The Bücker Jungmeister dominated the aerobatic scene in Europe and the United States from the mid-1930s through the 1940s. Introduced in 1935 by Carl Bücker as a single-seat version of the Bü 131 A Jungmann, a two-place advanced aerobatic trainer, the Jungmeister became a favorite of European flying clubs.
Romanian pilot Alex Papana brought this Jungmeister to the United States crated in the airship Hindenburg and flew it at the 1937 Cleveland Air Races. Mike Murphy reregistered the airplane as his own and flew it to win the 1938 and '40 American Aerobatic Championships. Beverly "Bevo" Howard then bought it and won the '46 and '47 championships. Howard was killed in an accident in this airplane in 1971, but his estate restored the Jungmeister and donated it to the Smithsonian in 1973.
Gift of the estate of Beverly Howard
Country of Origin: Germany
Wingspan: 6.6 m (21 ft 7 in)
Length: 5.9 m (19 ft 4 in)
Height: 2.25 m (7 ft 4 in)
Weight, empty: 420 kg (925 lb)
Weight, gross: 585 kg (1,290 lb)
Top speed: 241 km/h (150 mph)
Engine: Warner, 185 hp
Fuselage: steel tube with fabric cover
N15696. Single-engine aerobatic and military trainer biplane. Warner Scarab engine, 185 hp. Flown by Alex Papana, Mike Murphy, and Bevo Howard.
The Jungmeister dominated the aerobatic scene in Europe and the United States during the mid-1930s and 1940s, and the Museum's Jungmeister is especially important because of the four great aerobatic pilots who flew it. The modest size, plus a high power-to-weight ratio, with ailerons on both upper and lower wings, insured its future as an excellent aerobatic aircraft.
The Bücker Bü-133 Jungmeister was a production biplane built in Germany before World War II and in Spain during the war. It was the single-seat version of the Bü-131A Jungmann, a two-place advanced aerobatic sport and training plane introduced in 1934 by Bücker Flugzeugbau in Berlin. The Jungmann became popular with the flying schools of Luftsportverband, a civil flying association during the early 1930s before military flight was allowed in Germany. In reality, the association trained the pilots who formed a clandestine air arm that later became the Luftwaffe. In 1935, Carl Bücker introduced the single seat Jungmeister, so similar to the Jungman that parts could be interchanged. While the Jungmeister was designed to use either the Hirth HM 506 160-hp inline air-cooled engine or the seven-cylinder radial air-cooled Siemens Sh-14A of 160 hp, the latter engine was used almost exclusively. The fuselage was a steel tube covered with fabric, and the wings were built of wooden spars and ribs with fabric cover, with the upper and lower panels being interchangeable. The outer wing panels had an 11-degree sweep-back.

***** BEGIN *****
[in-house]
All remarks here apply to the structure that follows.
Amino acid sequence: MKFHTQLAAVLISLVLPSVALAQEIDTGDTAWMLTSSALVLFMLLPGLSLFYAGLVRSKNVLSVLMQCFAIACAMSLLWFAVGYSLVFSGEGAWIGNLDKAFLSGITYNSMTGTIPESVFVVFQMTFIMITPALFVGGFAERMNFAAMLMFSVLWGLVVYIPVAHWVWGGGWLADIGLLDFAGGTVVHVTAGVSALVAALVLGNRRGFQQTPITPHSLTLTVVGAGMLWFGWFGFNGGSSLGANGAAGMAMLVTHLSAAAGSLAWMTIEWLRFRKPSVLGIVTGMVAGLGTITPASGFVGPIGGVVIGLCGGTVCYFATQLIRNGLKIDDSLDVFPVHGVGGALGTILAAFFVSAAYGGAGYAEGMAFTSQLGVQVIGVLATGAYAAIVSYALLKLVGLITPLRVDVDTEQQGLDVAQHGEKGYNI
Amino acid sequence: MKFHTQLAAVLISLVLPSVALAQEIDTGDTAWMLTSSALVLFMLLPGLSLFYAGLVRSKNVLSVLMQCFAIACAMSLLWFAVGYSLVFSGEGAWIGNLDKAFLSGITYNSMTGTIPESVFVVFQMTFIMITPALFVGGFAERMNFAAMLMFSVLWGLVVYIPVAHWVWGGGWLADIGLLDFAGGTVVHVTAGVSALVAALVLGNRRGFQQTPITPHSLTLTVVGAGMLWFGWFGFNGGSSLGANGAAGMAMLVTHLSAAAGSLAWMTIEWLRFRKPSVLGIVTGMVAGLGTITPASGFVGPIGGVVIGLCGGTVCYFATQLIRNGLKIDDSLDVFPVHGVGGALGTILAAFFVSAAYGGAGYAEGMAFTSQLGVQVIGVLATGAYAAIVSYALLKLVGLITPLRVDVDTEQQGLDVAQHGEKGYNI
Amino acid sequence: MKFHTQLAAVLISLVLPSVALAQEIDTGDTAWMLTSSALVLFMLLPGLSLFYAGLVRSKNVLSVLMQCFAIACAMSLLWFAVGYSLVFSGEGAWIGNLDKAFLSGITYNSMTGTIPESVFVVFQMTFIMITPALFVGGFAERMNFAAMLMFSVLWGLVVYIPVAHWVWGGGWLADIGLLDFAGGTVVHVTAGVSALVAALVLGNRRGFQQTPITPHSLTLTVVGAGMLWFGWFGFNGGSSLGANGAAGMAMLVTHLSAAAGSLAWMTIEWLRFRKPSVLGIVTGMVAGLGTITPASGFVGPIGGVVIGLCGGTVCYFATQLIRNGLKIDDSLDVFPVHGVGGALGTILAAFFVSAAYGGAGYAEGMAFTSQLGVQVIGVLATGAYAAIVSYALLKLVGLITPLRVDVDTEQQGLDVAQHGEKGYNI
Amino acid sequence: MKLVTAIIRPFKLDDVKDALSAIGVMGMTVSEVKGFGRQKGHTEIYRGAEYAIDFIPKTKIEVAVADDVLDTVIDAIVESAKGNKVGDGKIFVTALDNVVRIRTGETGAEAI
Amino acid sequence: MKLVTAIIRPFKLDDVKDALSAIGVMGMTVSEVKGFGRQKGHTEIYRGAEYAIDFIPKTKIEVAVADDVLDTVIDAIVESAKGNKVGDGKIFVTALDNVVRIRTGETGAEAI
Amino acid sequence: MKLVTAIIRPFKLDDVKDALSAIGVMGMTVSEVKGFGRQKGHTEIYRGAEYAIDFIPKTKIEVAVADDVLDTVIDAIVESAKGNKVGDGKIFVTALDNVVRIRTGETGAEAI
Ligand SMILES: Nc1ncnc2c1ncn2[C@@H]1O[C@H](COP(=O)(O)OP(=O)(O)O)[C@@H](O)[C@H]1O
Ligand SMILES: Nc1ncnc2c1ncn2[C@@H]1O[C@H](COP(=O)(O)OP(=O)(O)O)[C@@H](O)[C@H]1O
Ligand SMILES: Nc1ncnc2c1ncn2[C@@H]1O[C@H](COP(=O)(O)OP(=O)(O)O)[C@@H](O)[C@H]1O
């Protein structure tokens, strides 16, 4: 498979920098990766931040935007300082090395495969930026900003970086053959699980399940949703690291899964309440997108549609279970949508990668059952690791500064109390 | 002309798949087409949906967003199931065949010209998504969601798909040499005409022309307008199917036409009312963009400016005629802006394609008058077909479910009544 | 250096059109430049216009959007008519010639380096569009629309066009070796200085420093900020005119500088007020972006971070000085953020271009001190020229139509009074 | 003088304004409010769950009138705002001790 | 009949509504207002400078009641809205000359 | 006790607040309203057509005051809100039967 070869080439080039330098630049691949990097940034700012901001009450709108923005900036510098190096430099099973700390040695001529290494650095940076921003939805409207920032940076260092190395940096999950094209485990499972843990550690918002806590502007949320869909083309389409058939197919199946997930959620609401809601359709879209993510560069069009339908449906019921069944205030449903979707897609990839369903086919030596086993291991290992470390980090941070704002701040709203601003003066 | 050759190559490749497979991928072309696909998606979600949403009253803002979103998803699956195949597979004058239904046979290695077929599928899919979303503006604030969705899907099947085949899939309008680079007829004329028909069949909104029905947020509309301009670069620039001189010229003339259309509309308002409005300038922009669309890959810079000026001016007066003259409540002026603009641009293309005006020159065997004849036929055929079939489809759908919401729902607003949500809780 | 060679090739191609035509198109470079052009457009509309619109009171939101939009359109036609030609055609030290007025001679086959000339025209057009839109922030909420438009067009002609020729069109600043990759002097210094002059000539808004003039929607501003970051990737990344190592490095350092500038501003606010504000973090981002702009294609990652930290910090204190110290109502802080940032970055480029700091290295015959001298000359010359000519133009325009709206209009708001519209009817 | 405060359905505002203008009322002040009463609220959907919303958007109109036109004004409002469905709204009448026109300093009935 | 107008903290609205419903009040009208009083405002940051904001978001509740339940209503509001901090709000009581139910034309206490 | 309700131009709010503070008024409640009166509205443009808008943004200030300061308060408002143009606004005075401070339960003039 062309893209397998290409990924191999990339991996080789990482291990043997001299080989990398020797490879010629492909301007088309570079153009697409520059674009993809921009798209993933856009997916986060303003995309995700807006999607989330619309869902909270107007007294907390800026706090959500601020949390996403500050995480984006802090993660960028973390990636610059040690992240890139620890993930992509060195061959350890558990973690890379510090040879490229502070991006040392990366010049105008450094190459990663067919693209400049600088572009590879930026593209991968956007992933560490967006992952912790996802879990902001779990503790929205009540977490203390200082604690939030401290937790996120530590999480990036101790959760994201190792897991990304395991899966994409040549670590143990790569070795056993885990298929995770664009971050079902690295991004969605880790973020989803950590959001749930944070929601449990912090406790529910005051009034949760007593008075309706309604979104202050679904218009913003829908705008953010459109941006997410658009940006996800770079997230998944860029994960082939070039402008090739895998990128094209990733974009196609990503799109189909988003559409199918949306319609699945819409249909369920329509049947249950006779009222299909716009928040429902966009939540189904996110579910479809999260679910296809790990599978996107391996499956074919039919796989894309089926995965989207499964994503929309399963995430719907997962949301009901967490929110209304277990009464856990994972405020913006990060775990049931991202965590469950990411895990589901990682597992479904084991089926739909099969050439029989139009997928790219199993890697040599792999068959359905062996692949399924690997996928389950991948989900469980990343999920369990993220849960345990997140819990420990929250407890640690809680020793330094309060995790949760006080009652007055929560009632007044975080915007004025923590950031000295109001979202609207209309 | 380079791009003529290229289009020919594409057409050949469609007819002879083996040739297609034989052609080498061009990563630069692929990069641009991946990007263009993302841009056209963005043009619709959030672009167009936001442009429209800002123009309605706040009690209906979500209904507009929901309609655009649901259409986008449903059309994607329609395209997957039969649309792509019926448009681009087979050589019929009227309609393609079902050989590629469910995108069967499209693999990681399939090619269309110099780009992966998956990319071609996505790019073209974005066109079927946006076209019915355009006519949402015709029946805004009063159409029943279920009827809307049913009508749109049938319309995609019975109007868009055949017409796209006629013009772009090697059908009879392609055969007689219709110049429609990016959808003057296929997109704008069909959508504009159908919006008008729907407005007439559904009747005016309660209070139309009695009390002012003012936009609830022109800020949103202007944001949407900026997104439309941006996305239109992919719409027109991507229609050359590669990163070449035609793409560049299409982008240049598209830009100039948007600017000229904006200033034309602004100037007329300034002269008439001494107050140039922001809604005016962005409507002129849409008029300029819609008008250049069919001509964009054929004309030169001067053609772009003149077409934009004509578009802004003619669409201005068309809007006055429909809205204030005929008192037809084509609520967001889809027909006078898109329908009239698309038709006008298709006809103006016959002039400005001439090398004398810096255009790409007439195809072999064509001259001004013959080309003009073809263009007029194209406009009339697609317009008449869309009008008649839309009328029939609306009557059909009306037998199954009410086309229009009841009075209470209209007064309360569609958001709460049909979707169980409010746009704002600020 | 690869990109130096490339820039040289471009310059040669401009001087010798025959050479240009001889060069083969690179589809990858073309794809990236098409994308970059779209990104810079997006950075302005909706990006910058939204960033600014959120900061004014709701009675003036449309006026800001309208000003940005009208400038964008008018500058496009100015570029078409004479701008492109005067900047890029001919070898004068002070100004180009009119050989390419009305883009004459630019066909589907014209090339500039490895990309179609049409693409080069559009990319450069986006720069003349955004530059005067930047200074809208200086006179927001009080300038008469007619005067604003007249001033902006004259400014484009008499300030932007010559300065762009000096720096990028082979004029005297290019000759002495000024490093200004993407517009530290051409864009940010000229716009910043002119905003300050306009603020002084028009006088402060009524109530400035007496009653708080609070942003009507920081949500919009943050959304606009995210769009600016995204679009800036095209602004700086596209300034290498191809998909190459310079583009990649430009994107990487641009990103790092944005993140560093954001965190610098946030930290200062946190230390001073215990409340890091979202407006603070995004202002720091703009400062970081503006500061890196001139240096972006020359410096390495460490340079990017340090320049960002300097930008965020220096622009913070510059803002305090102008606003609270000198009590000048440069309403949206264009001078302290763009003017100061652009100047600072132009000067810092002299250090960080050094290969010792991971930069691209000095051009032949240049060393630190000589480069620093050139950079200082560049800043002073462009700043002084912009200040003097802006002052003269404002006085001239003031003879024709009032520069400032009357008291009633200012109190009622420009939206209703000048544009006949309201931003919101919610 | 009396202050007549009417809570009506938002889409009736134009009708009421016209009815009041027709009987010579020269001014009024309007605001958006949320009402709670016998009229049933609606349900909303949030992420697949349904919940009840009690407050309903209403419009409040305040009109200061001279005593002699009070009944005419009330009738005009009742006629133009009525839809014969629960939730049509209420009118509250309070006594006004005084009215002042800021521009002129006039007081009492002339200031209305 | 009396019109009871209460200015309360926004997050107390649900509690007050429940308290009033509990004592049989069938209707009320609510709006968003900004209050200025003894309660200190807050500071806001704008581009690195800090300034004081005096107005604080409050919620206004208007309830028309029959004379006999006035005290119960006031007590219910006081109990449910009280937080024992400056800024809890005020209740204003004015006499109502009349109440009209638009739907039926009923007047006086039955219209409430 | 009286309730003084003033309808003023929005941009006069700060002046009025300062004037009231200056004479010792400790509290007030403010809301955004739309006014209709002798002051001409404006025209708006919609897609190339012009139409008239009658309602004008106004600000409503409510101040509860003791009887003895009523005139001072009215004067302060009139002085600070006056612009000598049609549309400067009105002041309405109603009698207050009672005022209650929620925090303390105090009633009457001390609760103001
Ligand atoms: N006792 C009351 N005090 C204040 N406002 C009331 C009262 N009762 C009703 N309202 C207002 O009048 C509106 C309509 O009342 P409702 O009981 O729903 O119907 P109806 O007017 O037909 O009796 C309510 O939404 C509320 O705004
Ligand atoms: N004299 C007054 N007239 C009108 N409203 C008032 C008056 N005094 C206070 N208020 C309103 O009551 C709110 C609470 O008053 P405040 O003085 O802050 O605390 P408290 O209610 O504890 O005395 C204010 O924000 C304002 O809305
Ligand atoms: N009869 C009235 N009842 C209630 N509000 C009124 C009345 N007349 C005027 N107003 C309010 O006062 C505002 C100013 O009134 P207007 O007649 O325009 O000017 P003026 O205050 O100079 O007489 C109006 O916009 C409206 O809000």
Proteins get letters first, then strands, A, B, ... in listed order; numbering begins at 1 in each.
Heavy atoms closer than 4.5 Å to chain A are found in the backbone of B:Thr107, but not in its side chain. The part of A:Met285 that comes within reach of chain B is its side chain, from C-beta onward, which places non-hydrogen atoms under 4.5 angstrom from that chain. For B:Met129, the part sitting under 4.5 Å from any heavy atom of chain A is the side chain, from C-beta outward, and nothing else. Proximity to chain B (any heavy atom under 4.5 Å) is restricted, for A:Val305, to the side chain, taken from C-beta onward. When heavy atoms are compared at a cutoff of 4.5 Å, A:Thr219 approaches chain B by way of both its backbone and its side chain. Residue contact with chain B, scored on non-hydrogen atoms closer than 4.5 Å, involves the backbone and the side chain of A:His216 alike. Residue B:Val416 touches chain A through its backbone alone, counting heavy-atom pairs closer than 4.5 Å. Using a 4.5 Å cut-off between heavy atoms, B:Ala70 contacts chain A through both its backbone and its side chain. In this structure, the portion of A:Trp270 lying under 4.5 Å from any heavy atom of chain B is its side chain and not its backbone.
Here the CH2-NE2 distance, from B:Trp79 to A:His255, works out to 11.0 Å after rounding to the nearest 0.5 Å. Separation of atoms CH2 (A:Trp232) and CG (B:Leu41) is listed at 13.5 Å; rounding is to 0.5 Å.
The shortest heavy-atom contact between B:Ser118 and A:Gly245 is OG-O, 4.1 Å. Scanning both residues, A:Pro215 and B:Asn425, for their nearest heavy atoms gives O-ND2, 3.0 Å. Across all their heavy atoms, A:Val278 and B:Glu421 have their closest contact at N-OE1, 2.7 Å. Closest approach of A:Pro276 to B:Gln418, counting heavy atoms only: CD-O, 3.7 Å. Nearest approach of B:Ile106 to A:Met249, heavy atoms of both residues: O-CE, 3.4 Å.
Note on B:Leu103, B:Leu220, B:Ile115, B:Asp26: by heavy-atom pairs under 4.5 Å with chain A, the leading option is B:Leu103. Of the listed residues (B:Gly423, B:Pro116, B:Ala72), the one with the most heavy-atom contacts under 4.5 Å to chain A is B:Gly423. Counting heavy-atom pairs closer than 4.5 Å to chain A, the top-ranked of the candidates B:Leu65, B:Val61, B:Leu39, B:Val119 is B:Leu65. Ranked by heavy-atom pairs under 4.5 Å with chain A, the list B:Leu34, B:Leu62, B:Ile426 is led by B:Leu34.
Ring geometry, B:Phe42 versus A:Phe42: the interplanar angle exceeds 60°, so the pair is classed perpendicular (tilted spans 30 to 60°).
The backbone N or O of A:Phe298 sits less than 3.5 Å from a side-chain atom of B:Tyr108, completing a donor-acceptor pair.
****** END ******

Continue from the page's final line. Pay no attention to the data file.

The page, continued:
Because of its agility and lightness on the controls, it was selected by a number of European flying clubs and air services as an advance trainer for aerobatics. Some pilots of the prewar era contend that the only aircraft that matched the Jungmeister were the specially built Great Lakes trainers, but others even question this comparison. A number of Jungmeisters still exist, both here and in Europe, and command high prices because of their scarcity and demonstrated maneuverability. After World War II, a limited number of the airplanes were produced near Munich, but high labor costs made them almost prohibitively expensive. This situation and the growing enthusiasm for aerobatic flying led to the development of rival types such as the Pitts Special, the Zlin 526A Trener Master, and the Yak 18 PS.
The Museum's Jungmeister, YR-PAX and later N15696, was flown exclusively by aerobatic champions. Aerobatic pilot Alex Papana acquired the aircraft and it shipped to the United States in 1936 aboard the airship Hindenburg. During the Cleveland Air Races of 1937, both Papana and Count Hagenburg flew the aircraft in competition after the latter's Jungmeister crashed while these two pilots were engaging in a showmanship contest. Papana made a low level inverted pass in front of the grandstands, and Hagenburg, not wishing to be outdone, repeated the maneuver at no more than a few feet above the ground. But as he pushed forward to climb out, the vertical fin hit the ground slowing him sufficiently to cause the plane to crash. Fortunately, Hagenburg was not injured seriously, and a few minutes later he was back in the air completing his performance in Papana's Jungmeister.
The aircraft was severely damaged in 1940 and was acquired by Mike Murphy, who had already flown it to win the American Aerobatic Championship at the Miami All American Air Maneuvers in 1938. He rebuilt it with a Warner engine and flew it to victory again in 1940. Beverly "Bevo" Howard soon bought the Jungmeister and won the 1946 and 1947 aerobatic championships with it. Howard took great pleasure in flying numerous weekend air shows and programs for worthy causes, and he always performed at the graduation ceremonies for aviation cadets at Hawthorne Aviation Company Schools, of which he was president, in Charleston, South Carolina. Unfortunately, on October 17, 1971, while flying at a show in Greenville, North Carolina, he had a fatal accident. The National Transportation Safety Board (NTSB) cited complete engine failure, fuel exhaustion and failure to see and avoid objects and obstructions (a tree) as the probable causes. The Jungmeister was almost demolished but was rebuilt by his estate and friends who had worked with him during its flying career.
Howard's estate donated the restored aircraft to the National Air and Space Museum in June 1973. The Museum displayed the Jungmeister in its Exhibition Flight gallery and then lent it to the Naval and Maritime Museum at Patriot's Point, South Carolina for several years before its return to NASM. It is currently on display at the Museum's Stephen F. Udvar-Hazy Center at Dulles Airport in Chantilly, Virginia.